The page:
The most fundamental challenge is demographics. The birth rate fell
after the 2007/8 financial crisis and has never recovered. As a result, the number of students entering college from high school is expected to fall 15% starting in 2025
—but this drop will be felt far more acutely by less selective schools in lower growth parts of the country. (Harvard will stay full.)
Any competitive industry with over-capacity, fixed assets (for example, campuses) and semi-fixed costs (such as staff) quickly faces hard choices and difficult finances. In an attempt to attract the shrinking pool of students, colleges are already cutting prices, spending more on enrollment strategies, investing in new facilities
and chasing "in-demand" programs
(for example, coding).
While these decisions may be rational for individual schools, they are not collectively sustainable. As nonprofits that have already seen a reduction in inflation-adjusted-per-student government funding over the last 10 years and are already grappling with technology change, some won't have the cushion to ride out the demographic storm.
Although the demographic cliff is still several years away, the number of closures and mergers has already risen—and more are expected. While many of these will be unavoidable, they can still be done well or badly. A "good" closure includes a fully-funded plan to enable students to complete their degrees elsewhere and avoids needless damage to small towns and rural communities where even a small or struggling college represents an important part of the social and economic fabric.
In the face of several "bad" closures, new laws—the Financial Stability in Higher Education Act in Massachusetts
and the Federal Stop College Closure Act
—have recently been introduced to require colleges to regularly disclose their financial condition in "plain English," proactively reach out to the relevant agencies if they are at "risk of imminent closure," maintain "teach out" plans allowing students to complete their degrees in the event of a closure and set aside the financial resources to fully implement such plans.
Some colleges are already doing these types of things and they are already subject to oversight by four bodies—the State Attorney General, the State Board of Education, the regional accreditor and the federal Department of Education. These bodies have the data—through IPEDS
(Integrated Postsecondary Education Data System) and others—to identify who might be struggling based on simple metrics like enrollment, net tuition discount and tuition dependence. Even in the absence of new laws, they have the collective power—should they choose to use it—to monitor colleges and ensure that institutions are positioned to serve the students they accept.
Fortunately, there is still time for at-risk colleges to transform themselves, rather than wait to hit the wall or be preemptively shut down by skittish regulators. Depending on the circumstances, institutional transformation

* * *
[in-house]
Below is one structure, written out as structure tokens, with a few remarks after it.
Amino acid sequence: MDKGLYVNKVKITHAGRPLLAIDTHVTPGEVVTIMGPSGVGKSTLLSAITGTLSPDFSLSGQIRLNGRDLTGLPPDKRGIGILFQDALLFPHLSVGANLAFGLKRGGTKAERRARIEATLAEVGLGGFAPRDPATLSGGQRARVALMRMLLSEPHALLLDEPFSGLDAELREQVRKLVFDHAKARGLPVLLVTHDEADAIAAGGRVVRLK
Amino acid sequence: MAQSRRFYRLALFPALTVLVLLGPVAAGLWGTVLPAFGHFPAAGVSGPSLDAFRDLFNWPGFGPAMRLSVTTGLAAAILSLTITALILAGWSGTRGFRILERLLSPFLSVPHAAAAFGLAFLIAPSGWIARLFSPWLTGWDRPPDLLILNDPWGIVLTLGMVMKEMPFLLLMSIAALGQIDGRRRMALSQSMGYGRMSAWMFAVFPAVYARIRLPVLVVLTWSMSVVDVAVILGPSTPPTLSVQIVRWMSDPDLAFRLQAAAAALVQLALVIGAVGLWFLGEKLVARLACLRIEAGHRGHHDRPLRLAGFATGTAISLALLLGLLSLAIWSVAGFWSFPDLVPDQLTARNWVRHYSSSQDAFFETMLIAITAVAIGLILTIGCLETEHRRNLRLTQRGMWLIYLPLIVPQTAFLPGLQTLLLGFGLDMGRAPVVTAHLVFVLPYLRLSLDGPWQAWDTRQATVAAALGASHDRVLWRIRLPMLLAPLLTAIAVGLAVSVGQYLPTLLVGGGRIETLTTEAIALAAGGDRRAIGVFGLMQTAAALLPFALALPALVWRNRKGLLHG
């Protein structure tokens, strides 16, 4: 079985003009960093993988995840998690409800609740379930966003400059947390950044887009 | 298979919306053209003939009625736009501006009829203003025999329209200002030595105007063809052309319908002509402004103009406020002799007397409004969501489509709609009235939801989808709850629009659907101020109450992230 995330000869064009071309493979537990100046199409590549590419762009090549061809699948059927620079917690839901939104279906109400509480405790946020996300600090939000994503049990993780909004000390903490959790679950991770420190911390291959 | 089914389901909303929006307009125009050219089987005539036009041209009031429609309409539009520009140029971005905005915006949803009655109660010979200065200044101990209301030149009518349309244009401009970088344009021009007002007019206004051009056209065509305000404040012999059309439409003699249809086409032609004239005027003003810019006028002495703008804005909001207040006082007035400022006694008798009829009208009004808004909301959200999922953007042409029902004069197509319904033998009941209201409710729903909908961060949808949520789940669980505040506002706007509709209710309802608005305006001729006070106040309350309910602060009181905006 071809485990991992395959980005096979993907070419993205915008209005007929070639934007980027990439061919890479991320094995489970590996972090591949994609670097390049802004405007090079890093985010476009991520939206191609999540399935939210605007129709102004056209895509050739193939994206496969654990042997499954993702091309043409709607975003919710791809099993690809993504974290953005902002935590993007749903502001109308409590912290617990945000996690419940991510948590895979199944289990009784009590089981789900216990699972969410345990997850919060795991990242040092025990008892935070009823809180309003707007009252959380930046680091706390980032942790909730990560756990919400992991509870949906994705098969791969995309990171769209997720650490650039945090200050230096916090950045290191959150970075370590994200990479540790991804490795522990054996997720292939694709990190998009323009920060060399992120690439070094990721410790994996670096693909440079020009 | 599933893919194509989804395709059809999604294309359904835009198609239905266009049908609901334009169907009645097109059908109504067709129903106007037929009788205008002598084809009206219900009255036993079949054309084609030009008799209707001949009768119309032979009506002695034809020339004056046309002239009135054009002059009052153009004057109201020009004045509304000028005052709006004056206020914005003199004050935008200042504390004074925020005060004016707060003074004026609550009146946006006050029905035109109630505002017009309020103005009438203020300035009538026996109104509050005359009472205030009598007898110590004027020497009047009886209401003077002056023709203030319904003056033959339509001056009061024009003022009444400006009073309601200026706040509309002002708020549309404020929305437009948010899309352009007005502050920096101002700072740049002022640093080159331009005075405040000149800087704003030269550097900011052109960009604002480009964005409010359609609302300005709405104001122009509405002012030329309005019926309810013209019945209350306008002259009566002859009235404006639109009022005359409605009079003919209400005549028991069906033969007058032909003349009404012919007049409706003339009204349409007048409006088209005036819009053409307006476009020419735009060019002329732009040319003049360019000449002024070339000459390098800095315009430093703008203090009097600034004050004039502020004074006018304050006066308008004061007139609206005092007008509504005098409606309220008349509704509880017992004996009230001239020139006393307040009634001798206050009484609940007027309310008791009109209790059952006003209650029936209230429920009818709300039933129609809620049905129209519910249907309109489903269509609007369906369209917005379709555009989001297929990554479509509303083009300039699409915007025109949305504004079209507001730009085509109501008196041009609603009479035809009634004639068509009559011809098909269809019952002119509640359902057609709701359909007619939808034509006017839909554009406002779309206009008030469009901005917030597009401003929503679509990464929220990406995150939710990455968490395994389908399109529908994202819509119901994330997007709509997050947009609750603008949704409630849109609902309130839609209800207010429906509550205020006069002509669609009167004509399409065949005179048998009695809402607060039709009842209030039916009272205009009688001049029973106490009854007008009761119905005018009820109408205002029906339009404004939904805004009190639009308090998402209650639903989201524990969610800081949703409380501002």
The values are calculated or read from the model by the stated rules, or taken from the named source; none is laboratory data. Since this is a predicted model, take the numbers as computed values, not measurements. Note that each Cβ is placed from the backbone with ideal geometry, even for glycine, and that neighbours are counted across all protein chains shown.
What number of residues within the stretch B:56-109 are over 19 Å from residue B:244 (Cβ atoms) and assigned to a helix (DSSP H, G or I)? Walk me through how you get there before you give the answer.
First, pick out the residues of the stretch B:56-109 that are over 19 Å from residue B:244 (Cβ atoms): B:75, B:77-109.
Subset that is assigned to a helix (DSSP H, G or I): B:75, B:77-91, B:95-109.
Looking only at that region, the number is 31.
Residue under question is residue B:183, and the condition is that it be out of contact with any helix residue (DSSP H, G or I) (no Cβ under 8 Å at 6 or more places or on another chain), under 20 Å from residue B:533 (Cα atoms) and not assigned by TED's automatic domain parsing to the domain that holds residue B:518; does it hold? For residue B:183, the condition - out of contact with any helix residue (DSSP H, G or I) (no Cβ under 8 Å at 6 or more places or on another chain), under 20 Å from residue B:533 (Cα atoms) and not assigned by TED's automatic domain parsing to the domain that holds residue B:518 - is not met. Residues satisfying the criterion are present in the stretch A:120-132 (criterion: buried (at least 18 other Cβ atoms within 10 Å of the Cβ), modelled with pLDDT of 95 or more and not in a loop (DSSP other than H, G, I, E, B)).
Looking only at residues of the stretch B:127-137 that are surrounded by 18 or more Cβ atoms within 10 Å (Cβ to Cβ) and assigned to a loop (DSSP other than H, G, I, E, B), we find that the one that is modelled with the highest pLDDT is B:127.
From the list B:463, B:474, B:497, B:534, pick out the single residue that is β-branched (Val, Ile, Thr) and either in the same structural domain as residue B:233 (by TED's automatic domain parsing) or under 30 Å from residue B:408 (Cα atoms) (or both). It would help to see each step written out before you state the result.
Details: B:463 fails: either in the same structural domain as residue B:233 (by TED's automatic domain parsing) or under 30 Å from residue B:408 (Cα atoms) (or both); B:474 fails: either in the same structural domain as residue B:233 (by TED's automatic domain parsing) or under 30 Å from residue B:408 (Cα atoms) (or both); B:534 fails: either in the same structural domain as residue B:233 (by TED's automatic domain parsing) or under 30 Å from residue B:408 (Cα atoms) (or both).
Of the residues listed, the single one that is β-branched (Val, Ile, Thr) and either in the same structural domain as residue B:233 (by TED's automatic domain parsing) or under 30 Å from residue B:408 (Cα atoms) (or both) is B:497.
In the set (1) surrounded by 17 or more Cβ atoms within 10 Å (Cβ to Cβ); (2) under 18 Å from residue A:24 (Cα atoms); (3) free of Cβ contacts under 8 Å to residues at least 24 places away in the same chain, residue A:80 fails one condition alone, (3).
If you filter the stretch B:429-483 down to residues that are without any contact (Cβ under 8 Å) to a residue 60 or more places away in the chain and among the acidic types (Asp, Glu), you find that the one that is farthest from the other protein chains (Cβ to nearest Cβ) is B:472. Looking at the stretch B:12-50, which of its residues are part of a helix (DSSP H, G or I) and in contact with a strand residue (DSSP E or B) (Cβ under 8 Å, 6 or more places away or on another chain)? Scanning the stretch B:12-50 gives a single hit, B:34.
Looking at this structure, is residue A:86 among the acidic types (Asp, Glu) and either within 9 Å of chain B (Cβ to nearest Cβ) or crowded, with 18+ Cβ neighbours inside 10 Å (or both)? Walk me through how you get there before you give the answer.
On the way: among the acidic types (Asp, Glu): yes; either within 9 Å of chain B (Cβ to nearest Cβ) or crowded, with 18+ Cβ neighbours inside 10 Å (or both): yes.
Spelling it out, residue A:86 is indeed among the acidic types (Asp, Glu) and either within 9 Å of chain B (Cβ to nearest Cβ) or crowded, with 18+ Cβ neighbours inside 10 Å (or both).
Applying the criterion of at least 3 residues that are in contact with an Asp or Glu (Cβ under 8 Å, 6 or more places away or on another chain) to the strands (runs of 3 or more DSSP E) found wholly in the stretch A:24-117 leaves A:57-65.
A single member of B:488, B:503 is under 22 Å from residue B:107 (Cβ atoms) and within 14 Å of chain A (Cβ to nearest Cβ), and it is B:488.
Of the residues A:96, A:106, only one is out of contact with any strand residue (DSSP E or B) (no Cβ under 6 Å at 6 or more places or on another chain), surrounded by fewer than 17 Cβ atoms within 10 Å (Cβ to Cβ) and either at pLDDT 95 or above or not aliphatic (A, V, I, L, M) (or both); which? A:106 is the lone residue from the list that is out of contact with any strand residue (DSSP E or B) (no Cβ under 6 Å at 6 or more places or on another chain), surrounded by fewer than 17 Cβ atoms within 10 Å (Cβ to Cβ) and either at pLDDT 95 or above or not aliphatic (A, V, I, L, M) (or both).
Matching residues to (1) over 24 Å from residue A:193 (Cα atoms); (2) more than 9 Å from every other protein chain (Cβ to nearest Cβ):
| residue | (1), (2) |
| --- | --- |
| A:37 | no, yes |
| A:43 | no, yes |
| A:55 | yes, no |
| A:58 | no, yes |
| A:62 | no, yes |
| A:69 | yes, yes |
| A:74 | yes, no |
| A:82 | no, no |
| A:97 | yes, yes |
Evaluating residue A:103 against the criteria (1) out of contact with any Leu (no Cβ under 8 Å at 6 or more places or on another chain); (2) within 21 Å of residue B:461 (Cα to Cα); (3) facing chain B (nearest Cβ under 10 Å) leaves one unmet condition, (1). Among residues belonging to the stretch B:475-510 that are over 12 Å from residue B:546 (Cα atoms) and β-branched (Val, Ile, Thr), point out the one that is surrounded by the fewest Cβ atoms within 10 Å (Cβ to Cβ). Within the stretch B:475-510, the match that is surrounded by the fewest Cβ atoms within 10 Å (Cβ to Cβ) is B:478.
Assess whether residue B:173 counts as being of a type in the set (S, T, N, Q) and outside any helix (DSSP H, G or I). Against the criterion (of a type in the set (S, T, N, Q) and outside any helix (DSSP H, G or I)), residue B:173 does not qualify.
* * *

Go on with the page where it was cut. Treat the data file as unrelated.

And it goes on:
could take many forms including alliances, mergers, divestments, conversions into educational or community foundations and yes, well-planned, dignified dissolutions.
Everyone has a role to play in making these wise, student-centric transformations happen:
Policymakers and national accrediting bodies must enforce a regulatory framework that encourages and supports good governance and responsible self-determination. This might include a higher-education equivalent of the FDIC to support otherwise-stranded students or of the Resolution Trust Corporation
to act as a trustee for failed institutions.
Economic development funds might be earmarked to encourage and support the transformation of colleges that are vital economic actors in small towns and rural areas where jobs are hard to come by. Policymakers must also consider public and private institutions as one ecosystem. At a time when colleges and universities face the prospect of too many empty seats, expanding public institutions is not the most cost-effective way to meet the needs of students.
Prospective students, their families and college advisers should investigate the financial condition and governance quality of the institutions they are considering. They should spend less time reading arcane US News and World Report rankings and more time studying financial statements. Colleges that are transparent and well-governed should stand the best chance of gaining higher application and matriculation rates.
Alumni must realize that while trying to preserve the best of the past, their alma mater must, above all, fulfill its duty to current and future students. Alumni who object when a college decides to make changes usually only delay the inevitable, discouraging courageous decision-making and putting current and future students at risk by wasting precious time and resources.
Trustees should remember that their fiduciary duties of care, loyalty and obedience are to the mission of the college, not its continued existence as a standalone institution in its current form. They should educate themselves about the facts, undertake realistic scenario planning, invite outside experts into the boardroom to provide context, resist magical thinking and not punish presidents courageous enough to speak the truth.
The associations serving colleges and universities must not shy away from the uncomfortable role of encouraging frank discussion among their members. They should actively support the process of institutional transformation.
The adults involved in higher education have promised students—particularly first-generation, low-income or students of color—that college is important, an investment that will pay off and a ticket to the American Dream. They owe it to those students to keep that promise front and center as they make tough decisions over the coming years.